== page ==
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I thought I’d write a little about what makes up a bottle of our olive oil. I’ve discovered over the past year that the work and decisions don’t stop once the oil has flowed out of the press. There’s a ton of other stuff to consider when it comes to packaging! Yes, yes, perhaps I should have realised this in advance… I started out with the idea that I wanted to package our oil using Australian components and companies as far as possible. Turns out that that’s quite a challenge, certainly for a business as small as ours.

I want to be able, and proud, to tell people about our product, and every part of the process that goes into it. So, the next few paragraphs give a bit more information about the bottles, the lids, the pourers, the labels, and of course the olive oil!

Olive oil packaging components

Olive oil packaging components

The bottle

I really wanted to have Australian made bottles. Harder than I’d thought as the Australian glass industry is now predominantly flat glass (ie windows, etc.). Owens-Illinois does still make container glass in Australia though, and I was able to buy through Plasdene, who are Australian owned, and have a retail outlet in each state (including Tasmania!) There was really only the bottle I ended up with that was made in Australia, the right sort of size, and available to buy in small numbers.

The lids

With these bottles, and the small volumes, there wasn’t really a choice. The caps we’re using are called Novatwist, and are made by a company which is part of TetraPak. They’re plastic and said to be fully recyclable. When capped on glass bottles, they provide energy required for the melting process. I also bought these from Plasdene. I’d meant to try and find out where they were made, but never got around to it – it’s now back on my to do list!

The pourers

Complete fail on finding an Australian version. The ones I ended up with are manufactured in India, and I purchased them through an American online store. Alternatives were from China, but it seemed difficult to get a sample. If anyone can suggest a more local alternative I’d love to hear about it.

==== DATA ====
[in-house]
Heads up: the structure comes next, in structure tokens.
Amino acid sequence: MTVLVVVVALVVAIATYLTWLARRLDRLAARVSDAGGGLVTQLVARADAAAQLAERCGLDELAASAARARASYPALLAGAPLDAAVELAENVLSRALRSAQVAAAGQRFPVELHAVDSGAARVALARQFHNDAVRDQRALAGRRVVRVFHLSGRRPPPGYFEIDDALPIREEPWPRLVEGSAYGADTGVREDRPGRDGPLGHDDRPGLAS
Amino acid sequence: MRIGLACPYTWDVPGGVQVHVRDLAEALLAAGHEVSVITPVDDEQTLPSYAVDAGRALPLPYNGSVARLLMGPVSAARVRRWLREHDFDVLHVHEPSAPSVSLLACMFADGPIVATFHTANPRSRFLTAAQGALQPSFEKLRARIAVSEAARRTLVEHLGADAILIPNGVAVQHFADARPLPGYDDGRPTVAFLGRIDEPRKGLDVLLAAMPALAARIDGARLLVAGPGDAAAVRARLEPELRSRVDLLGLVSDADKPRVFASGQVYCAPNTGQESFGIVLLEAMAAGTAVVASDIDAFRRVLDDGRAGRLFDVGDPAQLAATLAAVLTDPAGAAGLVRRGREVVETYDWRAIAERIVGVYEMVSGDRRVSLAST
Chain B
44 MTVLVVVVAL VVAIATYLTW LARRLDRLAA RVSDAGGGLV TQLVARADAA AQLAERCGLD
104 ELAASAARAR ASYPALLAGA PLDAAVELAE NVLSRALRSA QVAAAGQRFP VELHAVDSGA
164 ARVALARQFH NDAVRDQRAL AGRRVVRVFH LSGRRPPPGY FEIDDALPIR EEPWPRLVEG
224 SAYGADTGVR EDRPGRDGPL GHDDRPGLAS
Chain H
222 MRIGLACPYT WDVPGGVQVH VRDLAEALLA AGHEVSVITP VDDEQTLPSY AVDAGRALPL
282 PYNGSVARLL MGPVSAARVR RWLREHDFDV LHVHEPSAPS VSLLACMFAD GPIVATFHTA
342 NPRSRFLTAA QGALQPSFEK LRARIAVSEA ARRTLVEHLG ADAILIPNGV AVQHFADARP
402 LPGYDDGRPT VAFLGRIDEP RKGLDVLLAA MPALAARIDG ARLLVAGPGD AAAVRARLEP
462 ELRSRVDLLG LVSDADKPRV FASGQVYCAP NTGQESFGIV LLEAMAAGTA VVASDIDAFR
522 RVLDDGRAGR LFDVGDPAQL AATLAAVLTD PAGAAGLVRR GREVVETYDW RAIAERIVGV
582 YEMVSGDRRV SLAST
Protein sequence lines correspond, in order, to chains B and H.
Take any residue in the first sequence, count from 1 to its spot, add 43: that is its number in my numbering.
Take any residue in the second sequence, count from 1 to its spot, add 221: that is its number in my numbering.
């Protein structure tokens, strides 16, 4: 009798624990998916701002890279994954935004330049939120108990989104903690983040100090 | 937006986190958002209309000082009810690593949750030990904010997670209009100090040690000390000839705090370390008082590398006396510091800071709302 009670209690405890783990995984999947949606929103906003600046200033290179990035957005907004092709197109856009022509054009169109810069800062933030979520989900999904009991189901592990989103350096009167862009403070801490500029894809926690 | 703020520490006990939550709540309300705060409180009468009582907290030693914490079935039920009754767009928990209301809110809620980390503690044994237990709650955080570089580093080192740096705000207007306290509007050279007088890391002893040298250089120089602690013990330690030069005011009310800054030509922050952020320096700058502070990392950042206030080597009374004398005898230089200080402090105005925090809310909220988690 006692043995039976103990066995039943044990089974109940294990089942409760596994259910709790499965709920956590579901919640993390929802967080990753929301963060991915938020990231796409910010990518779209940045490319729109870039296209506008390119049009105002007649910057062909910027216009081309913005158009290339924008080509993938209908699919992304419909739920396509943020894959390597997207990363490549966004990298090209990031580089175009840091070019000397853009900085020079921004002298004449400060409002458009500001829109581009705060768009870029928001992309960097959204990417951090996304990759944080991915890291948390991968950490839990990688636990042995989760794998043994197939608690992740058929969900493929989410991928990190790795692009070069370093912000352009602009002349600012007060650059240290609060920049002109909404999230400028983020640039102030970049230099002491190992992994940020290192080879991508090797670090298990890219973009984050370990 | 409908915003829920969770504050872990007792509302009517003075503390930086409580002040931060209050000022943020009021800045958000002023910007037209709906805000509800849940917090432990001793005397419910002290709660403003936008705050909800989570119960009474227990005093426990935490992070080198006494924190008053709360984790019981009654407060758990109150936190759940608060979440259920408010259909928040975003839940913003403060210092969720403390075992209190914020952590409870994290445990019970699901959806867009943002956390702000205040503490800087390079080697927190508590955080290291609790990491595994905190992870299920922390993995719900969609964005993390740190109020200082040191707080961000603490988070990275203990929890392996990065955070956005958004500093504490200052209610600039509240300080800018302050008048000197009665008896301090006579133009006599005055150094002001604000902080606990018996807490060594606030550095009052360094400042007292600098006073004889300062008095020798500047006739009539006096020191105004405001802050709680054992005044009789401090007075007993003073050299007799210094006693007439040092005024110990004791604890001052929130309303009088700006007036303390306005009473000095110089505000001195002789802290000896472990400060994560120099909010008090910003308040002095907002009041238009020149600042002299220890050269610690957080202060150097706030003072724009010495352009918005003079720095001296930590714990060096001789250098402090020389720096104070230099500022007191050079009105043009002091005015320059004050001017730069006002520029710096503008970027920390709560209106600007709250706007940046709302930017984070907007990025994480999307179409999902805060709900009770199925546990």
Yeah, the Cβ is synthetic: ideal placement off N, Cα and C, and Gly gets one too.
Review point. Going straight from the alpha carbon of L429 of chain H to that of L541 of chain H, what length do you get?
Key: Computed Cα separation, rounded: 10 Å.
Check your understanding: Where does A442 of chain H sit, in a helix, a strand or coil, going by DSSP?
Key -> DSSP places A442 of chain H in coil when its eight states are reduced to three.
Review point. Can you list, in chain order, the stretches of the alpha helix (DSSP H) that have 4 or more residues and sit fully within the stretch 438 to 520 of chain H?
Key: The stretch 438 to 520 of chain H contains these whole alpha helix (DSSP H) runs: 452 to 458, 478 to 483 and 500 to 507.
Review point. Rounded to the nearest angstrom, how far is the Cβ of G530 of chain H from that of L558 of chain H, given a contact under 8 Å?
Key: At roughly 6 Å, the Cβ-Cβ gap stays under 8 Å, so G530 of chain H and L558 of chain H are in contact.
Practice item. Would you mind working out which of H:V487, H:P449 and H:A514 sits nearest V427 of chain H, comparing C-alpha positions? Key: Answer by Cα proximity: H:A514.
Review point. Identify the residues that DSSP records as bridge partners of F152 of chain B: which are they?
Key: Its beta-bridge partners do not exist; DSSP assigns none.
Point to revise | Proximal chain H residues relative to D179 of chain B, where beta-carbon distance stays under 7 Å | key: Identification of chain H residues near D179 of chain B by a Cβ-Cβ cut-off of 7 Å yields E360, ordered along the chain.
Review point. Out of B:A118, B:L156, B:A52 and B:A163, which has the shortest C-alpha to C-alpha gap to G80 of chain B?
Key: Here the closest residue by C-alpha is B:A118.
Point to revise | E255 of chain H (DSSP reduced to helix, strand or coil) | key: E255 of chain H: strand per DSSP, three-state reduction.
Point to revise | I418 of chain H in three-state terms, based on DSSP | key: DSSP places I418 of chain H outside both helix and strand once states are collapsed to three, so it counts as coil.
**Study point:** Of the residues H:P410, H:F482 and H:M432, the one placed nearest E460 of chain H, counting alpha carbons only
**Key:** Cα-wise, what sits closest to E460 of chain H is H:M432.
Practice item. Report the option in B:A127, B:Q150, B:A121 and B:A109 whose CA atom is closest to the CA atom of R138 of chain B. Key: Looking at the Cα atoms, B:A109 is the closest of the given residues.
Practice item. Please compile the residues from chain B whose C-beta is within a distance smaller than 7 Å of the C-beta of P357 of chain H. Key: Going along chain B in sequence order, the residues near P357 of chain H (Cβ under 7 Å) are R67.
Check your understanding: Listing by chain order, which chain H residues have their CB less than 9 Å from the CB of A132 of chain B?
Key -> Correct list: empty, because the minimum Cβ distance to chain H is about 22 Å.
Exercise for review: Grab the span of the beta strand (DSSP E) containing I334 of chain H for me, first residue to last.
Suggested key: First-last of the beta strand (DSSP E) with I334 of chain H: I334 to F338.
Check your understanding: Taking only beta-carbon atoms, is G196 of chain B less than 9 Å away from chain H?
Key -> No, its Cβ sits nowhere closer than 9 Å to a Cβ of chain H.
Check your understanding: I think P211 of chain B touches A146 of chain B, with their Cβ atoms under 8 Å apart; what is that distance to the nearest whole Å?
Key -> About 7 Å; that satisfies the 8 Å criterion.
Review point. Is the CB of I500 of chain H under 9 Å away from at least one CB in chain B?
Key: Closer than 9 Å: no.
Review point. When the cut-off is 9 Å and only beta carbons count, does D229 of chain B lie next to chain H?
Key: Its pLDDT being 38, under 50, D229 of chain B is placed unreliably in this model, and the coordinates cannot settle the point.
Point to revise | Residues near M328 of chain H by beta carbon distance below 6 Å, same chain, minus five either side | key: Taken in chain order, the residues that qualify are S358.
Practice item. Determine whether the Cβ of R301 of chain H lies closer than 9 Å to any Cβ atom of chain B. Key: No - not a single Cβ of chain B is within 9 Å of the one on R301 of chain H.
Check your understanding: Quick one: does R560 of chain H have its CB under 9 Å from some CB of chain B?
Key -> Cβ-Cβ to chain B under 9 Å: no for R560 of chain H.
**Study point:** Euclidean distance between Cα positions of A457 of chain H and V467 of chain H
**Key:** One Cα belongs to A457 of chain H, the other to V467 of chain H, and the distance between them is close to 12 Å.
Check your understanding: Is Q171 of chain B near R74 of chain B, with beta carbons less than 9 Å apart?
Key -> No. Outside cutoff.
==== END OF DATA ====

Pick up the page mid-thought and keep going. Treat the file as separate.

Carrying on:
The labels

Designed by me and printed by Labelpress in Hobart. They gave me lots of great advice on label types and how the design affects printing costs. I ended up with a laminated plastic material to avoid peeling or staining of the label by oil. These ended up being relatively expensive because I only wanted a very small quantity (and they’re full colour).


Last in this list, but not least! Our delicious, peppery, Tasmanian EVOO. Grown, picked, and pressed by us, all on site at our farm. The current vintage is from picual olives, harvested and pressed in the last week of June and the first week of July 2014.


The finished product

The finished product

But why am I telling you all this? Well, I like to know what I’m buying. When I purchase a product, I want to be able to make an informed choice about what it is and where it’s come from. This is often harder than it appears! I’m thinking particularly about food here, but it applies to much, much more.

Am I in a minority in feeling this way? This article from the Sydney Morning Herald on Wednesday discusses price and country of origin issues in Australia, looking particularly at processed fruit and vegetables (found via the Sydney Sustainable Living Facebook page). I do sometimes just pick the cheapest option when I’m shopping, but I’d still like to be able to know what it is. And if I’m spending more, on what I think is a premium product, I want to be sure that it is, and I’m not just paying for clever marketing.

I’d love to know more about what other people think! Should it should be easy to find accurate information about what we buy? Is price the most important parameter when you’re shopping? Is it worth spending extra on our packaging in order to support other Australian businesses? FFx